Coughing the residual airborne filth from his lungs, Clyde reloaded his rifle but didn’t draw on the metal-skinned thug. For all of Grim’s threat and imposition, Ace was a much more skilled hand-to-hand combatant; Clyde knew first-hand, having been trained by him. Grim fought with determination and anger, a hostility which only grew with his impatience as Ace stayed in the pocket, slipping and bobbing the whooshing chrome-plated fists, returning his own frosty flurries to ribs and jaw. Grim all but roared in frustration, hurling haymaker after haymaker in an attempt to shatter Ace’s hockey mask, and most likely the skull beneath, but Ace grew tired of his game and lowered his hands as if in surrender. Grim’s green go-light eyes showed no surrender, and he swung again, surprised to find himself almost falling over. His boots had been frozen solid to the concrete.

‘Quit fuckin’ ‘round, shit heel. FIGHT!’ Grim was bending at the waist, hammering at the deep freeze trapping his shins.

‘We just did. You lost.’ Ace delivered an uppercut so powerful that it shattered his right gauntlet into powdered ice. Grim’s green beams shut off and he sagged forwards into Ace. Ace clapped his palm over Grim’s broken jaw which hung open like busted machinery and froze the air within his mouth and throat, a growing obstruction choking the would-be assassin. Grim struggled through semi-consciousness, slowly regaining his senses but was powerless to resist. It didn’t take long, the sub-zero temperature freezing his internals doing more damage than the choking.

Anselmo was sat with his boots on the card table, a cloud of cigarette smoke pouring from his nostrils. He crushed it out, finished his bottle, and dropped his legs. ‘That’s a pity. Rash was always an asshole but I considered Grim a true brother, even without the MC patch.’ He brushed aside the folds of his leather cut, revealing what looked like a motorcycle headlamp growing from between his pectorals. ‘But it’s cool. The highway to Hell is a never-ending ride.’

The headlamp shone brightly, blindingly so at first, and a wild chorus of growling engines and riotous whoops permeated the air, causing a deafening din made all the worse by the confines of brick. It was a disorienting effect and it took Clyde a few moments to comprehend what was happening. It was a phalanx of Anselmo’s crew, riding out of his chest lamp along a yellow road of light, the brethren he had lost in a lifetime of gang warfare, drug overdoses, and bloody police encounters. Clyde noticed Road Rash and Grim were already back amongst the posse, their swift return having surely kept their souls from sneaking a glimpse at the dystopic everafter that was the Null.

The mob left Anselmo’s road of despairing light and commenced speeding around Clyde and Ace, the path of their ghostly machines skirting partially through the walls without impediment. Anselmo wasn’t through with his party trick, the veins of his forearms beginning to glow with oil and brimstone. A spectral chopper materialised between his legs, its damned engine rumbling like the belly of some hungry mechanical stallion.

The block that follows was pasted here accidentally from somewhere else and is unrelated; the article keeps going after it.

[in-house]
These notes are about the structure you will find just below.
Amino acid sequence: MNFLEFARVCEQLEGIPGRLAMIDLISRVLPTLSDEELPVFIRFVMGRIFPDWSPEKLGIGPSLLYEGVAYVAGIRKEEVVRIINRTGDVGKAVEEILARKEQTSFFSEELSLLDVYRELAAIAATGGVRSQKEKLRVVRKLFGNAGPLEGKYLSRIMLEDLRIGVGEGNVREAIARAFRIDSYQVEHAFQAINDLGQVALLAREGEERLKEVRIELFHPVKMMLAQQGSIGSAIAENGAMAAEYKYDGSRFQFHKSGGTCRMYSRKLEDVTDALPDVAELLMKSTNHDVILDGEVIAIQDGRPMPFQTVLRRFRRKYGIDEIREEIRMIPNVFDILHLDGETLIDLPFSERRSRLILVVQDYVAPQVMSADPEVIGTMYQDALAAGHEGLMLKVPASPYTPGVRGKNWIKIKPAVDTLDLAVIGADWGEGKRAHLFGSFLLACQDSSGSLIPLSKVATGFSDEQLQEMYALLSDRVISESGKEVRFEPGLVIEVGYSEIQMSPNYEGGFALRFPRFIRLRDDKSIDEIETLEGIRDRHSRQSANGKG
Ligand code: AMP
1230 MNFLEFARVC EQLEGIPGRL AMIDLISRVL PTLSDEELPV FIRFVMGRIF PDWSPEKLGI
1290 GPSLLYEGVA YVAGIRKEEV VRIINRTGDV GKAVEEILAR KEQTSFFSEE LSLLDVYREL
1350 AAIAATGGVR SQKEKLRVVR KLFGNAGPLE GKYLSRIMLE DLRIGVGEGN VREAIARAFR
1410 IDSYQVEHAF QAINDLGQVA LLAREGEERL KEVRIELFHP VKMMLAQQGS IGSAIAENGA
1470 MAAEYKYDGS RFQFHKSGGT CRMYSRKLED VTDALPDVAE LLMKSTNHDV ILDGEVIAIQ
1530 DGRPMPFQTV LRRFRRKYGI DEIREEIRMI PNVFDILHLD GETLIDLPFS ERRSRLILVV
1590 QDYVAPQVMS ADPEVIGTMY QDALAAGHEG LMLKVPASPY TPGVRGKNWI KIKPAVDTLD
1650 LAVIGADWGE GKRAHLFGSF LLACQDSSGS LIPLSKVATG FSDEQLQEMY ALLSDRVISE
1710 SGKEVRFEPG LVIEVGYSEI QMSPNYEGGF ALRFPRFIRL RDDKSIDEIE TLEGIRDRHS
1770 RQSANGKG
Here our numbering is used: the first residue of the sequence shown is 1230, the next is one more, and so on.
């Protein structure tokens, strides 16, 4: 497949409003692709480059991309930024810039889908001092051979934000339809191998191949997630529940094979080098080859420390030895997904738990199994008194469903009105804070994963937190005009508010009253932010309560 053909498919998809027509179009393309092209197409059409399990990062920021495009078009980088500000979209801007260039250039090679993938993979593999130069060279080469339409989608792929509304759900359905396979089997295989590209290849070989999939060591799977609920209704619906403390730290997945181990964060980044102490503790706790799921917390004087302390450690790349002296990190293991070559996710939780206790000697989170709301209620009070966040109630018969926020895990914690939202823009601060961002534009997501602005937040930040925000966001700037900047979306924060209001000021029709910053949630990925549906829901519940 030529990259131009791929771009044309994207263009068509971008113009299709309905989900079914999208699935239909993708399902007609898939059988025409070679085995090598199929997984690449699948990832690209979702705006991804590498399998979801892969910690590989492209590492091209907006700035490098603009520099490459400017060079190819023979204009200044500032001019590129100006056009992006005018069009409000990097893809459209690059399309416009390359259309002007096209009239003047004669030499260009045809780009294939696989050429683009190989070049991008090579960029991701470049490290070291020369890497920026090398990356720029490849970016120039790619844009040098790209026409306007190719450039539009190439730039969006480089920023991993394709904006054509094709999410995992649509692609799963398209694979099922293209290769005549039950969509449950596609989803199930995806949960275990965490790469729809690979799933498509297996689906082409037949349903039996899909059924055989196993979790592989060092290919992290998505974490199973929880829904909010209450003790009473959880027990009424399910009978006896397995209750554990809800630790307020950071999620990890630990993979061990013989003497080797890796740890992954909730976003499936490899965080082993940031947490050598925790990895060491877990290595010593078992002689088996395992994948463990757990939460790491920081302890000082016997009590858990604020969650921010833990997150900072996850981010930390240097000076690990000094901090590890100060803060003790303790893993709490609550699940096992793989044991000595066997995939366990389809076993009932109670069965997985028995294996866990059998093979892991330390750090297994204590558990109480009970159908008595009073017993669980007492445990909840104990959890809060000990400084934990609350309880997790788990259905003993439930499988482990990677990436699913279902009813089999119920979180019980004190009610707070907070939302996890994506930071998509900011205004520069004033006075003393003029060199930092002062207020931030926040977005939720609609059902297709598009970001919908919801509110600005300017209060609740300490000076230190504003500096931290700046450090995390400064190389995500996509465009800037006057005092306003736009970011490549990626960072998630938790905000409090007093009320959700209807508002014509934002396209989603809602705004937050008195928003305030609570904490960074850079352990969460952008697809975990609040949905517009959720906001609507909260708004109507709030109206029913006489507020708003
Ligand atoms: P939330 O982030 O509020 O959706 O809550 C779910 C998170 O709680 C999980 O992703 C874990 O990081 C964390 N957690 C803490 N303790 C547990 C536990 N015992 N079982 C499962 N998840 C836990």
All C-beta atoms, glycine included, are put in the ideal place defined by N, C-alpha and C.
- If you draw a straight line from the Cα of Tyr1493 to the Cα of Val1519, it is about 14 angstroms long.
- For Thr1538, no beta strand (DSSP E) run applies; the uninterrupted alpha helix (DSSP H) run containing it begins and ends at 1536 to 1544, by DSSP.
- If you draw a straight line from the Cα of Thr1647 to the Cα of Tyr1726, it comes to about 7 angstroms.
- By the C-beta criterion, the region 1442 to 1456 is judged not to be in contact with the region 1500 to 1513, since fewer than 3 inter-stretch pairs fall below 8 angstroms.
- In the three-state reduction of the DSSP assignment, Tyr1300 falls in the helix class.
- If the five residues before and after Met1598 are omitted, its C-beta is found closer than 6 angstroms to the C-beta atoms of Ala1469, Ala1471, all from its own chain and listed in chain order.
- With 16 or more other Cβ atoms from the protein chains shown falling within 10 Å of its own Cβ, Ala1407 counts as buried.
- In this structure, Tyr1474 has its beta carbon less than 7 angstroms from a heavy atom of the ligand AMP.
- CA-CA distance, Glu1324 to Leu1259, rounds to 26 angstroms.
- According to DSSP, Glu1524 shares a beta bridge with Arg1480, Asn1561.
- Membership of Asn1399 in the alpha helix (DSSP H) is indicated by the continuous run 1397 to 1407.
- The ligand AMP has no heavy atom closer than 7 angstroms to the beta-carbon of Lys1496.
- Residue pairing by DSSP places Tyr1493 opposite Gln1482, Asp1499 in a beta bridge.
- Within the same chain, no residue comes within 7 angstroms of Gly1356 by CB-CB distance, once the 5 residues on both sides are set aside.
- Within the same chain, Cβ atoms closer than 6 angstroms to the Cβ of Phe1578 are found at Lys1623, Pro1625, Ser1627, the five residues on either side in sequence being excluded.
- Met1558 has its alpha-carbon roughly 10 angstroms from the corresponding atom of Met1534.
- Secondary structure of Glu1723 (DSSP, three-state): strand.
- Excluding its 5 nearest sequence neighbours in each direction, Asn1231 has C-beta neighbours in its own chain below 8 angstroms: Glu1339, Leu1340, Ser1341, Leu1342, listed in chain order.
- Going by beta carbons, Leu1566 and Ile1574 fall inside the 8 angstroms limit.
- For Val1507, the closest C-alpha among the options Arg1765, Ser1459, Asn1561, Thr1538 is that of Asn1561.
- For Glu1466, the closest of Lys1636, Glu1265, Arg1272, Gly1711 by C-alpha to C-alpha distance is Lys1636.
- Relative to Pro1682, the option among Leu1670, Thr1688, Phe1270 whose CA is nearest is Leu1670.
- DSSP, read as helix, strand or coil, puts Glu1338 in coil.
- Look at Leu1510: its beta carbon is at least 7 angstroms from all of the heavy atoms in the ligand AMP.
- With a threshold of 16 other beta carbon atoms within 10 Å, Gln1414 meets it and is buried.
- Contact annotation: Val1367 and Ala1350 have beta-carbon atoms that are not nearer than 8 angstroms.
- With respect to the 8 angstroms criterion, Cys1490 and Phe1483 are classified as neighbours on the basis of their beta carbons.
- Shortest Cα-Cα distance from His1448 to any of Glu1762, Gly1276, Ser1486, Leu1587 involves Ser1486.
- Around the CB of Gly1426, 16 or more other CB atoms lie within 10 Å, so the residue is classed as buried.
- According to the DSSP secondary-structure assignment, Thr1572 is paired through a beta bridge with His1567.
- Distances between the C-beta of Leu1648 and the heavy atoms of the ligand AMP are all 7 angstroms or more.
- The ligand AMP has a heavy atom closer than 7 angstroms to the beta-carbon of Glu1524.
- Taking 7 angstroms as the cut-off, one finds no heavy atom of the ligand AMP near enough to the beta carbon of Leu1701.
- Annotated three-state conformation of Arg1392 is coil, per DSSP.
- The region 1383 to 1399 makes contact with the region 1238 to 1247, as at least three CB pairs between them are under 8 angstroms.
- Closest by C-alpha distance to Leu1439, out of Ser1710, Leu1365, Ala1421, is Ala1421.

And as quickly as it began, it stopped.

The cycle of ghost thugs vanished into faintly glowing wisps, the roar of their engines leaving with them. Anselmo’s bike erased itself from the physical world, and a look of stunned confusion stole his attention. Clyde felt how the jammer’s effects had suddenly diminished. Anselmo was the jammer, a traffic controller for spirits. Kev would be on his way here very soon, as would the ISU, but it seemed as though the short battle was over.

Anselmo seemed to have forgotten all about Clyde and Ace, showing far more interest in the woman suspended in her cell above a pile of gore and limbs. Was she asleep?

Clyde blew into his hands, still feeling the December chill of Ace’s earlier activity, and that’s when he noticed the reason for Anselmo’s confusion. A series of red shimmering threads were being drawn out from his spine and limbs. Bloody puppet strings.

‘What…the…fuck!’ Every word was a Herculean effort for the biker prez, his teeth clenched in agony, jaws locked as tight as his body.

The suspended woman twitched, a small movement akin to a muscle spasm, but it was the first of her awakening. Raising her arms up leisurely, she could have been either puppet or puppeteer. She lifted her head to the ceiling of her cell, and her wild black hair fell away to reveal a doll mask, ceramic or bone, it was hard to tell, but it was painted with an expression of almost sinister coyness. She stepped tentatively from thin air onto the concrete. Waving her arms in smooth circles, the motion made Clyde think of the old folks he’d sometimes see doing Tai Chi in the park. But this was no Tai Chi. The movements performed a much darker purpose. A group of stick-thin mannequins, ghastly in their motions, rose from the ground around Anselmo’s boots, wrenched up from some unknown hell by barely-glimpsed strings.